“I’m not even really sure how I got here,” Lucy said with a sardonic laugh, “I meant to take a cab home.” She did not seem to notice that Bea finally was showing an interest in her. She looked at Lucy with a sideways smile and knowing eyes. Lucy, however, stared straight ahead and did not see this.
“I can barely remember what happened,” Lucy continued. The young red headed mother in the corner raised her eyes for the first time to look at Lucy. Stale tear streaks were evident beneath her pale eyes. “I wonder why my friends didn’t come with me.”
Lucy scratched her bare shoulder and shuddered at little. When she looked at her hand, there was the slightest hint of blood on her bright pink fingernails. “Oops,” she said, “Guess I scratched myself.” Her voice seemed to raise a pitch as she said it. The man in the shadows suddenly stood up from his seat. He walked forward and took a seat next to the young woman holding her child. She moved over to give him room.
“It’s New Year’s, you know,” Lucy said, “We were celebrating, my friends and me.” The train screeched again and slowed, but it did not stop. The four people on the train lurched again in their seats. Lucy grabbed a metal bar to steady herself. “I don’t think I like the metro very much.”
The other three passengers all looked at Lucy now with a curious expression. Lucy shuddered and looked away from them. “It’s strange really,” she said, “I even brought extra money for a taxi. I wonder why I didn’t call one.”
Lucy uncrossed and recrossed her legs. Her knee continued to bounce. “Which line did you say this was?” she asked again, looking at Bea.
However, it was not Bea that answered. This time, the dark young man spoke up with a voice so low, Lucy almost did not hear him. “The Faust Line.” His voice too was heavy with an accent that might have been from Eastern Europe.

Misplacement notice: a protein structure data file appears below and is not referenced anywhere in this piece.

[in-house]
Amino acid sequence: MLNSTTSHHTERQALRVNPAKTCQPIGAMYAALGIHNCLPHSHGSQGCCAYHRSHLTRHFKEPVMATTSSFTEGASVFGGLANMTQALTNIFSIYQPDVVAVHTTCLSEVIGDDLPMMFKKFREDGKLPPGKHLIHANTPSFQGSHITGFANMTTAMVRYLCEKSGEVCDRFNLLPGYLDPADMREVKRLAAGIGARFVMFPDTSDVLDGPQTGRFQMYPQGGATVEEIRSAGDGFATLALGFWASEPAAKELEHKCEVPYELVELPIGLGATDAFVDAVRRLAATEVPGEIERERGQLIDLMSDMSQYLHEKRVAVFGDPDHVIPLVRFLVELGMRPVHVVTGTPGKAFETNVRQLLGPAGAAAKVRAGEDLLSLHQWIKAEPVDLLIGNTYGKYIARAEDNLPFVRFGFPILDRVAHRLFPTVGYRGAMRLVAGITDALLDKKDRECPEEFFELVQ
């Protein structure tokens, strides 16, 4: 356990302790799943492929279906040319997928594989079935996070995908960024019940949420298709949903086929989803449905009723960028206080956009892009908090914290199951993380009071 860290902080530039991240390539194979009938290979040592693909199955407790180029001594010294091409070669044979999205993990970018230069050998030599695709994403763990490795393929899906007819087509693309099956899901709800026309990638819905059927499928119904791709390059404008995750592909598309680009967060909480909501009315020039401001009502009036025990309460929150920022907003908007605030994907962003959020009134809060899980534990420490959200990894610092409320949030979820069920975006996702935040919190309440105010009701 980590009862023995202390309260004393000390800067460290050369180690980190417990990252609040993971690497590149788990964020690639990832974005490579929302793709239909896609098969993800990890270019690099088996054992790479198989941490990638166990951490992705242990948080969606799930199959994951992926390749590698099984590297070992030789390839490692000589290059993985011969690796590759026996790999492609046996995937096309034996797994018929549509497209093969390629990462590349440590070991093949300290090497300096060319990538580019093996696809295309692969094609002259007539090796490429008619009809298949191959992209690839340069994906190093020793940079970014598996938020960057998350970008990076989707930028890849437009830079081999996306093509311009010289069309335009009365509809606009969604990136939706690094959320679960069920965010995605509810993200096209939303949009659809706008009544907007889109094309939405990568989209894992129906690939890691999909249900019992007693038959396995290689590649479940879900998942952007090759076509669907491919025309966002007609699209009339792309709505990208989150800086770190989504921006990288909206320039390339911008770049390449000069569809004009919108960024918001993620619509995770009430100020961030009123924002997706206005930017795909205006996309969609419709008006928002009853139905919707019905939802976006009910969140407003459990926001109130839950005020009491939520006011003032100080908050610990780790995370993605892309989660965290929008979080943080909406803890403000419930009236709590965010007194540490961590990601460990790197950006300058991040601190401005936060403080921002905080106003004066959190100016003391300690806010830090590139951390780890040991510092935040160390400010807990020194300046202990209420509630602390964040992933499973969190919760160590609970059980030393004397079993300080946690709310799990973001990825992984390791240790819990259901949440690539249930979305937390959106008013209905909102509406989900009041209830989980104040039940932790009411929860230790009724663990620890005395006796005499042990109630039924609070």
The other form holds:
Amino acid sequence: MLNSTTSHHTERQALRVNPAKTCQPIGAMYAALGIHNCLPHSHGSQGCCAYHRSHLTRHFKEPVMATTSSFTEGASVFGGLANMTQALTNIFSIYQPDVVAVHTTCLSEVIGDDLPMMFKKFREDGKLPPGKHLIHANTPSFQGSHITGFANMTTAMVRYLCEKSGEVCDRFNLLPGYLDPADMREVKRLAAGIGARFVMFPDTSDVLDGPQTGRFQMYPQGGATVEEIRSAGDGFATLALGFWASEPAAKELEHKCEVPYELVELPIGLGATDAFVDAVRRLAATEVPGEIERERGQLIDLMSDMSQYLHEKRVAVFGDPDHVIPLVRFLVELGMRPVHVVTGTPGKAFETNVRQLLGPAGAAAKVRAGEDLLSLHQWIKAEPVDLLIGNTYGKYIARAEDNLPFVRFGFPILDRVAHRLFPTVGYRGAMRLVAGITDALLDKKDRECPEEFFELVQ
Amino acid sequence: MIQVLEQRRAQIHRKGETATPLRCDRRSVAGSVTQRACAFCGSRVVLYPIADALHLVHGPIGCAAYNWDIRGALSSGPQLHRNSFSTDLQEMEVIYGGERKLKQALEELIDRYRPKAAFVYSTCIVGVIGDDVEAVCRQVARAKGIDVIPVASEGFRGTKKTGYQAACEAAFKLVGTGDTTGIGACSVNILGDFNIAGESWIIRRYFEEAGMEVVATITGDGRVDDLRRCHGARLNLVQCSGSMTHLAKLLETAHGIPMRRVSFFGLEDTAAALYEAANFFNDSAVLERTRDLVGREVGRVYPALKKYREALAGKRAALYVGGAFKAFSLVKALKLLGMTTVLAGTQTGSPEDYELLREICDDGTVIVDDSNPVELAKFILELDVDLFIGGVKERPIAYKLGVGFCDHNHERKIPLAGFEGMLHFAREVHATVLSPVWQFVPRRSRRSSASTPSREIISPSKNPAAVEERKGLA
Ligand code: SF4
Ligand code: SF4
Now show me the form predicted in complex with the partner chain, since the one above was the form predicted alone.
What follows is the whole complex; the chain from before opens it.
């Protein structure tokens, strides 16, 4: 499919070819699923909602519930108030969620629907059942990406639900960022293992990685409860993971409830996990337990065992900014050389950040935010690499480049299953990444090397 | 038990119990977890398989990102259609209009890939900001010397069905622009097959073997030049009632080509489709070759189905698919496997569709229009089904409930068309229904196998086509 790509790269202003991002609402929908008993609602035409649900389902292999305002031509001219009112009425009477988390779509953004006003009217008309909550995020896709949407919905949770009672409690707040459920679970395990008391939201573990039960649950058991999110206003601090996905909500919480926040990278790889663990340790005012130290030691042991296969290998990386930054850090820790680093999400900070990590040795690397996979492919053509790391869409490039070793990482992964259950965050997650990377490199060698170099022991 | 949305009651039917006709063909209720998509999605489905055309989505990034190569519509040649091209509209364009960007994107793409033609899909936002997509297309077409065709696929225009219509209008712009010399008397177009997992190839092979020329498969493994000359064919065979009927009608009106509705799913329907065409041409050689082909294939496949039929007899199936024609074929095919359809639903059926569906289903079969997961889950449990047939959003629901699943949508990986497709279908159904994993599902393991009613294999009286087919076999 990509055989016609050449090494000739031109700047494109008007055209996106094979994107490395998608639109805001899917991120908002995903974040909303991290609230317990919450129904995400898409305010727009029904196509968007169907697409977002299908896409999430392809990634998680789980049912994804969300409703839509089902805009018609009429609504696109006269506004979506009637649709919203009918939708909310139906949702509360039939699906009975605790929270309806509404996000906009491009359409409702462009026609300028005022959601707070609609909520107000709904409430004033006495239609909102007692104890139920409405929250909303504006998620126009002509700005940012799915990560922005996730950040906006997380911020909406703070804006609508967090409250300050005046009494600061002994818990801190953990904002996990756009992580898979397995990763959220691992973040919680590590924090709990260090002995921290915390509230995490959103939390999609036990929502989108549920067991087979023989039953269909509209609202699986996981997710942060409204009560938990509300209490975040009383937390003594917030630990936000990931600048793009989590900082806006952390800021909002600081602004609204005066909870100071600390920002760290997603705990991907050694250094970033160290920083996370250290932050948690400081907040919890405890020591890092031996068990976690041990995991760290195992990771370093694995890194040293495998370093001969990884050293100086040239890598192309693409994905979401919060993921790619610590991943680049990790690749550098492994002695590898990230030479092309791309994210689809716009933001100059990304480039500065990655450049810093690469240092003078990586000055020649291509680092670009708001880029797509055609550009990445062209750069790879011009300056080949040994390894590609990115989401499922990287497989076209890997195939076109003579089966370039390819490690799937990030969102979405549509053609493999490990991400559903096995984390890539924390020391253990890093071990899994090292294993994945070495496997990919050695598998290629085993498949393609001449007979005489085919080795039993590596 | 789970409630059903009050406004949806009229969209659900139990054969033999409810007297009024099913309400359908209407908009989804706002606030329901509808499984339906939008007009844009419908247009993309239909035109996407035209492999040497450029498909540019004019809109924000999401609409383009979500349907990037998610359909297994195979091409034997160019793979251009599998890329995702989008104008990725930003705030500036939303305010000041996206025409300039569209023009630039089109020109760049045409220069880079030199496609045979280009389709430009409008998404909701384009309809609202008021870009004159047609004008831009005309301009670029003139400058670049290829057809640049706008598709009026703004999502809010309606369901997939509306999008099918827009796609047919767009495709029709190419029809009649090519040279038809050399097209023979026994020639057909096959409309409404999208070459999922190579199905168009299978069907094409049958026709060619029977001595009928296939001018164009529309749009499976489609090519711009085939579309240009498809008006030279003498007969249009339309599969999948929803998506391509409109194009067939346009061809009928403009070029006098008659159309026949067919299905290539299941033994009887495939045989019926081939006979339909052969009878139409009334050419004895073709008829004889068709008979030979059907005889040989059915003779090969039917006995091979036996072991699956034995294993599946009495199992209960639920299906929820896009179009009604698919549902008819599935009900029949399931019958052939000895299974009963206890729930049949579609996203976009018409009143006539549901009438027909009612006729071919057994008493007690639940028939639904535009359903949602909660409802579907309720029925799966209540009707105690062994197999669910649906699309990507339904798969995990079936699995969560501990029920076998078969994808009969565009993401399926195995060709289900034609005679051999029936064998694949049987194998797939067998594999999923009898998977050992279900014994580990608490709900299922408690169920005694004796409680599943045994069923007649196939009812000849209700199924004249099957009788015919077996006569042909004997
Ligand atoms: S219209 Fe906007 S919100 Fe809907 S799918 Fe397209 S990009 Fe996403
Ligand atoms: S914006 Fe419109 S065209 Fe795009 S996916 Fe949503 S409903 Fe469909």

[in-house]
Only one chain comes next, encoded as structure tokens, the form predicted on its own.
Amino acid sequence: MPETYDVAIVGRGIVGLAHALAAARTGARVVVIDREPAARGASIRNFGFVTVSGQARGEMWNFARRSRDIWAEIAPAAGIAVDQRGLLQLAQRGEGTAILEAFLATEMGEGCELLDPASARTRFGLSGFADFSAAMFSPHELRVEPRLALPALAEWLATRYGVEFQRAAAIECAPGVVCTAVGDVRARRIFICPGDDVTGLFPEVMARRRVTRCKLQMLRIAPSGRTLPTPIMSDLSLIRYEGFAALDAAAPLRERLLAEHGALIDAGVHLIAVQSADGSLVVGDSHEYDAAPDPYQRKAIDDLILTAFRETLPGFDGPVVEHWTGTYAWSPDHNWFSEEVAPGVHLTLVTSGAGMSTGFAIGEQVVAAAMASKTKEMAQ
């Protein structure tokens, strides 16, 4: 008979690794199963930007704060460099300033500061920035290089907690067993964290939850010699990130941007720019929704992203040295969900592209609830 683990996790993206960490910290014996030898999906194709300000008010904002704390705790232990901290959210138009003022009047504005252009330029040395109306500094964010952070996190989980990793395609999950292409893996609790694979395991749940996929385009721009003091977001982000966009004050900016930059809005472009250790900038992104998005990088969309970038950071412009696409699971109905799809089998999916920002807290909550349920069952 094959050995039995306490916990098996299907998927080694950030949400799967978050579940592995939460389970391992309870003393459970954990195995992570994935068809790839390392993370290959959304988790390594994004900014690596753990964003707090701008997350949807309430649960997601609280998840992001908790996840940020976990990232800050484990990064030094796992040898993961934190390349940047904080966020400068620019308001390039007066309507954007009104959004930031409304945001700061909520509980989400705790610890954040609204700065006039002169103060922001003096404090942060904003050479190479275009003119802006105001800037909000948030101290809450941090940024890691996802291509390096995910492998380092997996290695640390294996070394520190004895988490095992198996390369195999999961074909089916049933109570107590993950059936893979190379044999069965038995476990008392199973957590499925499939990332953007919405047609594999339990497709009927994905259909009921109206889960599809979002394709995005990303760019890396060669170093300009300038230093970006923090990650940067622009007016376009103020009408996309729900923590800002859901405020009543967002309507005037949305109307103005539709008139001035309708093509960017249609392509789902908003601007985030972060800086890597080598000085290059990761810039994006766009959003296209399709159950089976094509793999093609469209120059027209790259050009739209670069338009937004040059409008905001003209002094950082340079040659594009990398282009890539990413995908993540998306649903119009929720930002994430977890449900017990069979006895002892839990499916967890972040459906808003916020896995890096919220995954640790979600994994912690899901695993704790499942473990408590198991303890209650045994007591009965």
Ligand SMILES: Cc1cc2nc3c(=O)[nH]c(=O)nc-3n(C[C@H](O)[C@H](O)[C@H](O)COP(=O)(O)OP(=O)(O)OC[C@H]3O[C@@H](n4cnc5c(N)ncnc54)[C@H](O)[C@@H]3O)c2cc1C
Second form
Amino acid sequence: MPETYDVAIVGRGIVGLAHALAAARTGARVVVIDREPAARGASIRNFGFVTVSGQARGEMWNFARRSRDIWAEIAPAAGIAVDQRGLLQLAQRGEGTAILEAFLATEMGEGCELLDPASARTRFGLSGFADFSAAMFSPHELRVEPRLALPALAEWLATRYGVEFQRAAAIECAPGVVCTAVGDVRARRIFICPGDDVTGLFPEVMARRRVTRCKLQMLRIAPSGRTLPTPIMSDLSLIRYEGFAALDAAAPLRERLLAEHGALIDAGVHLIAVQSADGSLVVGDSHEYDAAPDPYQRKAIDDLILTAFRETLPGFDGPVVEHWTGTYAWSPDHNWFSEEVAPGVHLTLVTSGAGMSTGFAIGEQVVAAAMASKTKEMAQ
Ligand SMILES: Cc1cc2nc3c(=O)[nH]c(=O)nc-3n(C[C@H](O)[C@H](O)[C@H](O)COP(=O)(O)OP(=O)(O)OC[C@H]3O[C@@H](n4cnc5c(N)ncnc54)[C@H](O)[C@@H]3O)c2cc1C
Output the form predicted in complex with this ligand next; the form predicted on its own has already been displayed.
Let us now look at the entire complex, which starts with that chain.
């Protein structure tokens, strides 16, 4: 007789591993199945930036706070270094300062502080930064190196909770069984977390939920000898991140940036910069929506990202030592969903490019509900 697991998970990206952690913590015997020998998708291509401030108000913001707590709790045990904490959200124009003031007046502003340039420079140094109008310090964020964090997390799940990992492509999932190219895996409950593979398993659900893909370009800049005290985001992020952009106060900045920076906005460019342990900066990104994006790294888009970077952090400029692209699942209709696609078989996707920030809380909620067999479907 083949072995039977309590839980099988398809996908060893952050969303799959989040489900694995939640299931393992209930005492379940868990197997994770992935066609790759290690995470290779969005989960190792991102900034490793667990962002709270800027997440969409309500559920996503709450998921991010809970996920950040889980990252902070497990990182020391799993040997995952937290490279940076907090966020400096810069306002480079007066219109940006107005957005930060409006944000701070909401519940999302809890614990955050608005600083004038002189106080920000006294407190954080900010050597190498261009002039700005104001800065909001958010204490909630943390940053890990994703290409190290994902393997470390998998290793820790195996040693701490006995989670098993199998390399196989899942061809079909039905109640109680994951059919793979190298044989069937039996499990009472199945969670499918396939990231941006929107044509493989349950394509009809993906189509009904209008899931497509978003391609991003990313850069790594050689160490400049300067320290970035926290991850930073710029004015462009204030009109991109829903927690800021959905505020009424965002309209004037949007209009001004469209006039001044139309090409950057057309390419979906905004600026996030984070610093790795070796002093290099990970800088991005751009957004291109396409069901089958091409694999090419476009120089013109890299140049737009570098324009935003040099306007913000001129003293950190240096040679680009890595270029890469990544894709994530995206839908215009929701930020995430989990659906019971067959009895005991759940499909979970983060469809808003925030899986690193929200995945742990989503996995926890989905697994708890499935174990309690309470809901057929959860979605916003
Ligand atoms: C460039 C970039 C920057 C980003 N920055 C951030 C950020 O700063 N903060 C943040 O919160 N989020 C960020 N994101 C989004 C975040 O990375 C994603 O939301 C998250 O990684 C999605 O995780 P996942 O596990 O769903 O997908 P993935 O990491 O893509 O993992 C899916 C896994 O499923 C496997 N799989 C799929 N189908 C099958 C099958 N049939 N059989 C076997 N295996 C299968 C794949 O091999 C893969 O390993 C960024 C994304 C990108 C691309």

Lucy shook her head at him. “No it isn’t. That’s not what she said before,” she indicated the woman sitting to her right.
“They are one in the same.”
Lucy squinted and then closed her eyes. She shivered slightly. “Such strange names,” she murmured, “I don’t think I’ve heard of them before.”
Bea made to pat her on the shoulder. Lucy stiffened at the touch. “I’m sure you have heard of them, dear,” Bea assured, “Otherwise, why would you be here?”
“I don’t know why I’m here,” Lucy said. This time her voice betrayed a hint of fear.
“Just think, dear, I’m sure you will remember if you try.”
Lucy looked at her. “I just want to go home.” Her voice whimpered a little. She sounded like a small child.
Bea smiled reassuringly. “We are all going home. That’s why we are on the train.”
Lucy looked unsure. “Where does this train go?”
Bea smiled but made no answer. Lucy asked again, this time directing the question to all, “Where does it go?”
The sad young woman whispered the answer this time. Her voice was kind and musical, but drenched with pain. “To the end of the line.”
“That’s not an answer,” Lucy rebuffed.
“It is the only answer,” the dark man responded.
“I don’t understand what you mean!” Lucy exclaimed. It was obvious that she was nervous now. She sprang up from her seat and the yellow florescent light flickered above her. “Why am I alone?”
Bea cocked her head to one side and raised her eyebrows. “You’re not alone, we’re all here together.”
“But who are you? I don’t know you!”
“Of course you know who we are. Think.”
Lucy was crying now, her tears streaming down her face faster than she could wipe them away. She didn’t say anything but leaned against the metal pole as though it were her life support. She looked at each of the other passengers in turn. They all looked back at her, waiting. Lucy shut her eyes and screwed her face in concentration. Tears continued to bubble under her closed lids. She took a deep breath and slowly sat back down. There was a look of relief that flooded her face, a sense of calm that had not been there before.
“I did take a cab,” she said softly, “I know that I did.”
Bea nodded knowingly. The lights flickered softly as the car journeyed on. The young red headed woman fixed her stare back on her son. The dark man put his hood back on. Bea shifted in her seat. Lucy wiped the tears from her eyes, spreading a mascara trail across her cheeks. “How much longer till we get there?” she asked.
“Not too much longer. We are almost there.”
The train took one more turn through a dark tunnel, its headlights fading slightly as the train began to slow for the last turn. The florescent light overhead flickered.
Do not for ever with thy vailed lids
Seek for thy noble father in the dust:
Thou know’st ’tis common; all that lives must die,
Passing through nature to eternity.